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Archive for the ‘Gerard Manley Hopkins’ Category

Last weekend I went on a spending spree in New York City.  Unfortunately for the economy, it was a poem-elfing kind of spending spree.  I hoard poems for future occasions the way some people keep money in special accounts for emergencies.  I decided to “spend” my poems in our most literary of cities.

 

Here’s my Sunday in New York, in reverse order.

 

Walking back to my hotel from Central Park, I came across an enormous, street-closing parade celebrating El Salvador.  And here was this little sweetie, just finished with her gig on a parade float.  I handed her Byron’s “She Walks in Beauty” and asked if I could take her picture.  Living in New York, she is surely used to nutcases and was agreeable to my request.  I told her the poem was about a rare beauty.  I hope she hangs on to it her whole life.

 

I love that little mouth, so serious above the poem.  “A mind at peace with all below/ A heart whose love is innocent!”

 

Earlier in Central Park I left Grace Paley’s “Whistlers” on a tree by the Bethesda Fountain.

poem is on tree in foreground

 

I’ve had this poem for years and years and find it funny but I still don’t completely understand the last stanza.

 

Near the stairs above the fountain I left Gerard Manley Hopkins’ “Pied Beauty.”

poem is in the shadows on the right-hand side of picture, halfway up

 

Hopkins poem is about nature.  But putting it here made me think of why I love New York.  “All things counter, original, spare, strange” : could there be a better description of New Yorkers?

 

The other great thing about New York is that no one bats an eye when behavior is unusual.  Even so, I was a little self-conscious taping a poem to a seat on the subway.  It was a rush job (just before I exited) and the photo didn’t come out well.

 

Richard Frost’s “For a Brother” is one of the first poems I collected.  Why I was drawn to it, I’m not entirely sure, because I have four wonderful brothers and I would never call any one of them “a sack of black rats’ balls”  or “a tank of piss.”  Anyway, Frost’s  long-buried feelings seemed to belong in a New York subway.

 

I began the day at the Ground Zero Memorial.  My picture does it no justice.  The footprints of the two towers have been transformed into two sunken pools.  Water cascades over the black walls in a beautiful metaphor of healing.  I hope those who lost loved ones on 9/11 find it a peaceful place.  Art and beauty that come from tragedy are not necessarily consolations but surely companions to suffering.  For that reason I left Elizabeth Bishop’s “I Am in Need of Music.”

poem is on wall between the two people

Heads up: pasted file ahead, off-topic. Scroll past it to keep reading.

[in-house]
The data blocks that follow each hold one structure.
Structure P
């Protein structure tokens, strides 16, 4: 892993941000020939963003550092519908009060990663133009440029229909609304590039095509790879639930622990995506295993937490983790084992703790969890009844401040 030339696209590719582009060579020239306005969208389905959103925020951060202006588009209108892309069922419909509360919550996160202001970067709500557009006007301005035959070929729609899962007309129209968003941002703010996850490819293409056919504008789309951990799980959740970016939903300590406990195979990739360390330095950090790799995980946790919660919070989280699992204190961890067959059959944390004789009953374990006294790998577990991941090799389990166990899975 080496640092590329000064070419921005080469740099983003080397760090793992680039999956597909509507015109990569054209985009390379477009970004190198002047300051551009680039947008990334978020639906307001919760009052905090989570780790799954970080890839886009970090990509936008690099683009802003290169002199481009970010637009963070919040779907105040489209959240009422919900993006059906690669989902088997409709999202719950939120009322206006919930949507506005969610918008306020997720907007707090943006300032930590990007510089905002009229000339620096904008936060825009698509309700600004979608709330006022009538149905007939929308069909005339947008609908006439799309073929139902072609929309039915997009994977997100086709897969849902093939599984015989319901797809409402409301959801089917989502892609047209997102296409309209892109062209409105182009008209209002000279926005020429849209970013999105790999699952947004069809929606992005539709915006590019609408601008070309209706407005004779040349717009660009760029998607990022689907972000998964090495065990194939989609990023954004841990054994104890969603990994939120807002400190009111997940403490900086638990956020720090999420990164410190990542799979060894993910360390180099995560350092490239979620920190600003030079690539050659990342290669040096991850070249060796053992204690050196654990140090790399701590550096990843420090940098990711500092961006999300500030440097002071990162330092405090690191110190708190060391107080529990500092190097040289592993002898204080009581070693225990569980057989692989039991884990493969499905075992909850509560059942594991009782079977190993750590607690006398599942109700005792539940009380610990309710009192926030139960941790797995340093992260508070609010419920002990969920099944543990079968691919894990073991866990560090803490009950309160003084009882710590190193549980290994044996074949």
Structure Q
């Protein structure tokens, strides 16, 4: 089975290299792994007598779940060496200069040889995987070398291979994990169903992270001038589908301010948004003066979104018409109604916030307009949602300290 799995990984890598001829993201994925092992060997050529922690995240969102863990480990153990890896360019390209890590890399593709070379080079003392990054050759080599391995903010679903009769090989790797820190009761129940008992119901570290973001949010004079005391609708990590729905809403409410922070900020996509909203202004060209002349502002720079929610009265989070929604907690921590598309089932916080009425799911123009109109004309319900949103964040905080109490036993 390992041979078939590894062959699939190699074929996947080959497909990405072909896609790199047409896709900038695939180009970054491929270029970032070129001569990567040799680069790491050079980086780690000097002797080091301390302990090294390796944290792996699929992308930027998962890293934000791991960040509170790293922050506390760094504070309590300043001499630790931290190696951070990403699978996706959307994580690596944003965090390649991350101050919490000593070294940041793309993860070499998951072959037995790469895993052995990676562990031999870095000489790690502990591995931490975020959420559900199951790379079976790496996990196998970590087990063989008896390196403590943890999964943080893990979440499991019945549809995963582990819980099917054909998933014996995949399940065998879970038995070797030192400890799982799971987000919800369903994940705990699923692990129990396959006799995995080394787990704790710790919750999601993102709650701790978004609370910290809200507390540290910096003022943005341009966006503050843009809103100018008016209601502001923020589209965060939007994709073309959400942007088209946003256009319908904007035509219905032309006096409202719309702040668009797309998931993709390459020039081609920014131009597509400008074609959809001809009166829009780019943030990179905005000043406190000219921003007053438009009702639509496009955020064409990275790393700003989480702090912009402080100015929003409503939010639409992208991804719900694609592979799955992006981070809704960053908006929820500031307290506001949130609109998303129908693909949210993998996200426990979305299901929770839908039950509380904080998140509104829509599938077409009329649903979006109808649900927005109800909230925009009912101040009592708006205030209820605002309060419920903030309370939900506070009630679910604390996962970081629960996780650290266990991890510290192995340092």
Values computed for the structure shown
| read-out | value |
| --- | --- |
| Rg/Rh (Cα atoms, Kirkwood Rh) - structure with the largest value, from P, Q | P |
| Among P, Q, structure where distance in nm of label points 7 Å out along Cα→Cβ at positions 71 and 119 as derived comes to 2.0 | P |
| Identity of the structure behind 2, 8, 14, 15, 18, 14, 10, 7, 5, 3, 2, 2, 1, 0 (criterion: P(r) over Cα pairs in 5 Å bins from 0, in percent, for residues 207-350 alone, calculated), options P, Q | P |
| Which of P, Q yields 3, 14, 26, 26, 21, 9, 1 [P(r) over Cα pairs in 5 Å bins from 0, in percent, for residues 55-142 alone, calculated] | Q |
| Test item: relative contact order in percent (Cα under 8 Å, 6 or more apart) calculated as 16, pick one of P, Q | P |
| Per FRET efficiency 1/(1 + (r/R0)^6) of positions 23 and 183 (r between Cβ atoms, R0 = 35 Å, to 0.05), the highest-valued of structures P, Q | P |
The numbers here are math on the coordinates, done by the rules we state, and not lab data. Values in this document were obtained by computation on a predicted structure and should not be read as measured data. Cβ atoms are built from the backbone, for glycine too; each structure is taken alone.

The poem is music itself:  “Of some song sung to rest the tired dead / A song to fall like water on my head.”

 

The most surprising display at the memorial plaza was the Survivor Tree.  One single tree, a Callery pear, survived the attack.  Nowhere else would so many people crowd to take pictures of an ordinary tree.  Good place to leave Wordsworth’s “She Dwelt Among Untrodden Ways.”

poem is on silver railing around the tree, behind the gal in black

 

“Half hidden from the eye” could describe the tree before the attack and the last lines could speak to all the “ordinary” people lost on that day—dishwashers in the Windows of the World, receptionists at Cantor Fitzgerald, office cleaners, elevator operators, underperforming traders—and to those who loved them, love them still.

 

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Continuing with my previous post, here’s three more poems I left behind on a recent trip to the Porcupine Mountains in Michigan’s beautiful Upper Peninsula.

Louise Gluck’s riveting “Gretel in Darkness” is a favorite poem of mine and I couldn’t resist putting it in these enchanted woods.  Gluck imagines Gretel years after she has pushed the old witch into the oven and burned her to death.  When you think about it, Post Traumatic Stress Disorder seems a much more likely outcome for fairy tale characters than Happily Ever After.

Gretel in Darkness

BY LOUISE GLÜCK

This is the world we wanted.

All who would have seen us dead

are dead. I hear the witch’s cry

break in the moonlight through a sheet

of sugar: God rewards.

Her tongue shrivels into gas. . . .

 

Now, far from women’s arms

and memory of women, in our father’s hut

we sleep, are never hungry.

Why do I not forget?

My father bars the door, bars harm

from this house, and it is years.

 

No one remembers. Even you, my brother,

summer afternoons you look at me as though

you meant to leave,

as though it never happened.

But I killed for you. I see armed firs,

the spires of that gleaming kiln—

 

Nights I turn to you to hold me

but you are not there.

Am I alone? Spies

hiss in the stillness, Hansel,

we are there still and it is real, real,

that black forest and the fire in earnest.

 

Robert Hayden’s “Those Winter Sundays” I left on a trail that runs along 3 spectacular waterfalls.  (An earlier post on that poem here.) Winters in the U.P. are brutal.  My neighbor who grew up near the Porkies now wears flip flops year round because Detroit winters are just not that cold to him after a childhood of playing outside in twenty below.

And finally, Gerard Manley Hopkins’ “Spring and Fall.”  (A much longer  post on that poem here.)

Will the poem outlast the leaves?

Goodbye, U.P.!  Till next year!

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